It appears the bad days for solar manufacturing in the U.S. are on the wane. SolarCity recently announced its GigaFactory in New York, where it will produce photovoltaic modules based on Silevo’s technology. Meanwhile San Antonio’s Mission Solar Energy started producing PV modules last month and now SolarWorld, the stalwart PV manufacturer with a long history of manufacturing in Oregon, is expanding production to 530 megawatts and hiring 200 people in 2015.
SolarWorld, which made the announcement Oct. 30, is making a dramatic resurgence. The company had led the charge in the U.S. to push for tariffs against Chinese PV manufacturers and their important practices to the U.S. The company, a subsidiary of Germany’s SolarWorld, and its partners successfully argued that Chinese PV cells and modules should be assessed fees by the Securities and Exchange Commission for Chinese PV manufacturers’ trade practices, which include artificially lowering the price of products to gain market share.
“I am thrilled that SolarWorld’s new production line is adding 200 good-paying, high-skill manufacturing jobs to Oregon’s economy,” said U.S. Sen. Ron Wyden (D-Ore.) “These are jobs worth fighting for, which is why I have worked side by side with SolarWorld to ensure our trade agreements with China are actually enforced. The result of our teamwork is that an anchor of Oregon’s manufacturing base is once again growing.”
“It is no secret that the last several years have been tough for SolarWorld and for U.S. solar manufacturers in general,” SolarWorld U.S. President Mukesh Dulani said.
Now it appears the manufacturer is again successfully selling its U.S.-made PV products as global demand starts outpacing production capabilities across the world. The company announced that it will increase production capacity by 380 megawatts to 530 MWs of PV annually. In addition the company plans to further up production to 630 MWs in the near future. To handle the additional production capacity SolarWorld plans to hire about 200 full-time positions, the company said.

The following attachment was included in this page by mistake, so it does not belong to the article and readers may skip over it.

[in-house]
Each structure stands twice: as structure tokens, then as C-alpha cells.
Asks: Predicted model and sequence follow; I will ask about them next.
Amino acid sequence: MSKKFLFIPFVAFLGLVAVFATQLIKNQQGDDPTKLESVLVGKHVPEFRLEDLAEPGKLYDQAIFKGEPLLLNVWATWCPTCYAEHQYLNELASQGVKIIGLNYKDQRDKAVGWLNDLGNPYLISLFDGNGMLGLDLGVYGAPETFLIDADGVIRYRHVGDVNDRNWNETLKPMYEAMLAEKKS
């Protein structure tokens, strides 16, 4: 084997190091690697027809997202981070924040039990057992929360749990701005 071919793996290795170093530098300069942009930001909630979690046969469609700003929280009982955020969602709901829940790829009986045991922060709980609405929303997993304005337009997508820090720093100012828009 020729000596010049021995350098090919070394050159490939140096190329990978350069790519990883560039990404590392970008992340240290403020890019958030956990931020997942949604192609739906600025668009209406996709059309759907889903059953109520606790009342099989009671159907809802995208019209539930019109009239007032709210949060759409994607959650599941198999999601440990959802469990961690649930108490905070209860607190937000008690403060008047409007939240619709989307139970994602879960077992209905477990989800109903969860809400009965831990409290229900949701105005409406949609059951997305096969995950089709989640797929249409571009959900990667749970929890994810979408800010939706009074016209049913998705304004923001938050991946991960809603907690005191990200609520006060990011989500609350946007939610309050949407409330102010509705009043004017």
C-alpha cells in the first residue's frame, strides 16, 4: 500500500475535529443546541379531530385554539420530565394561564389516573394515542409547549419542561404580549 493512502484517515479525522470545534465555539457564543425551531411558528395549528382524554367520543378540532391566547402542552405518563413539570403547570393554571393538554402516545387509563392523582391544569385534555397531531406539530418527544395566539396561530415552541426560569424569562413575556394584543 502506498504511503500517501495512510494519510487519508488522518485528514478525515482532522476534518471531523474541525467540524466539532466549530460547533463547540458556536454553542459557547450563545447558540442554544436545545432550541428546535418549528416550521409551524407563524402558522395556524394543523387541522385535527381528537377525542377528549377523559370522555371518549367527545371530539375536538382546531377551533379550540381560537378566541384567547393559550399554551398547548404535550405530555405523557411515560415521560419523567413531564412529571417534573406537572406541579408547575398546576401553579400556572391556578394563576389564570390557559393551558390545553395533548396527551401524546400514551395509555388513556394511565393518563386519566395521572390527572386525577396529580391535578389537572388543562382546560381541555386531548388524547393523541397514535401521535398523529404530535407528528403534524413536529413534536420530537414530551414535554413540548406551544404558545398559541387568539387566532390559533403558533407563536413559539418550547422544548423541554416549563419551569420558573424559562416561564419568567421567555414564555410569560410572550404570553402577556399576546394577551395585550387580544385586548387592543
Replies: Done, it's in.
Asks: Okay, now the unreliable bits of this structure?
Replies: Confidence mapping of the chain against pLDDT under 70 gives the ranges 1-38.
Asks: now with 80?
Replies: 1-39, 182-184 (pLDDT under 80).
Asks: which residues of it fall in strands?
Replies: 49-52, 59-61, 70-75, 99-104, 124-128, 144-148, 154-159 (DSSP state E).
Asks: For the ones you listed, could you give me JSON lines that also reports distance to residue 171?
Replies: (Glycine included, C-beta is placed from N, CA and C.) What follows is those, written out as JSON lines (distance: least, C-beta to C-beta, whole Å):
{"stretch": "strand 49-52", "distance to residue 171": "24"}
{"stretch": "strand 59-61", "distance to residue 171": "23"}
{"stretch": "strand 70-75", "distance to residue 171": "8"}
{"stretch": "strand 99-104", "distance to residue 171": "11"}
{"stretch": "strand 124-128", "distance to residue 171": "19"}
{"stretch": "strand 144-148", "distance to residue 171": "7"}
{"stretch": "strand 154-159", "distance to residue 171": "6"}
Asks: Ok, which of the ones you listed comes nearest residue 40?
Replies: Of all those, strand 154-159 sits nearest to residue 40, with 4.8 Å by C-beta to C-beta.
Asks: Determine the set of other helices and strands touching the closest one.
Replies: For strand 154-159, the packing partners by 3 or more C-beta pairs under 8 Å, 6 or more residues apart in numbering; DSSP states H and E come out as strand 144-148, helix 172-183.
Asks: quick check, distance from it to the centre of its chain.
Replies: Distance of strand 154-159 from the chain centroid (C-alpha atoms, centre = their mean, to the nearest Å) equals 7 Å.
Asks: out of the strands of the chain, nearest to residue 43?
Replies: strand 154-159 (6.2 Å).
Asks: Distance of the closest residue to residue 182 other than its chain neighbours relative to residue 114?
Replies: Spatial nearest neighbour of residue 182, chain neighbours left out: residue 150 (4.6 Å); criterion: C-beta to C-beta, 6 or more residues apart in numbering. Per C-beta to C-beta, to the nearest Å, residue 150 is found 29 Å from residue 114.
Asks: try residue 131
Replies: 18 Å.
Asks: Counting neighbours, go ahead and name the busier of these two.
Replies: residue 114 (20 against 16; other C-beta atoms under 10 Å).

“Thanks to a variety of factors, including our trade cases against China, difficult but necessary financial controls and a fantastic group of employees, we have turned the corner,” Dulani said. “Today’s announcement shows that SolarWorld is not only here to stay, but it also is ready to extend our leadership in the American solar manufacturing industry.”
The announcement follows a recently awarded $4 million research grant from the Department of Energy’s Sunshot Initiative to further the company’s research on silicon mono-crystallization technology to help increase the efficiency of PV cells. The results of that research will be public. SolarWorld said it already spent $4 million on the research itself and it plans to spend $4 million more in addition to the funding from the energy department. The company is also increasing production of its line of PERC (passivated emitter rear contact) photovoltaic cells from 335 MWs to 435 MWs to reach the above mentioned capacity expansions.Tweet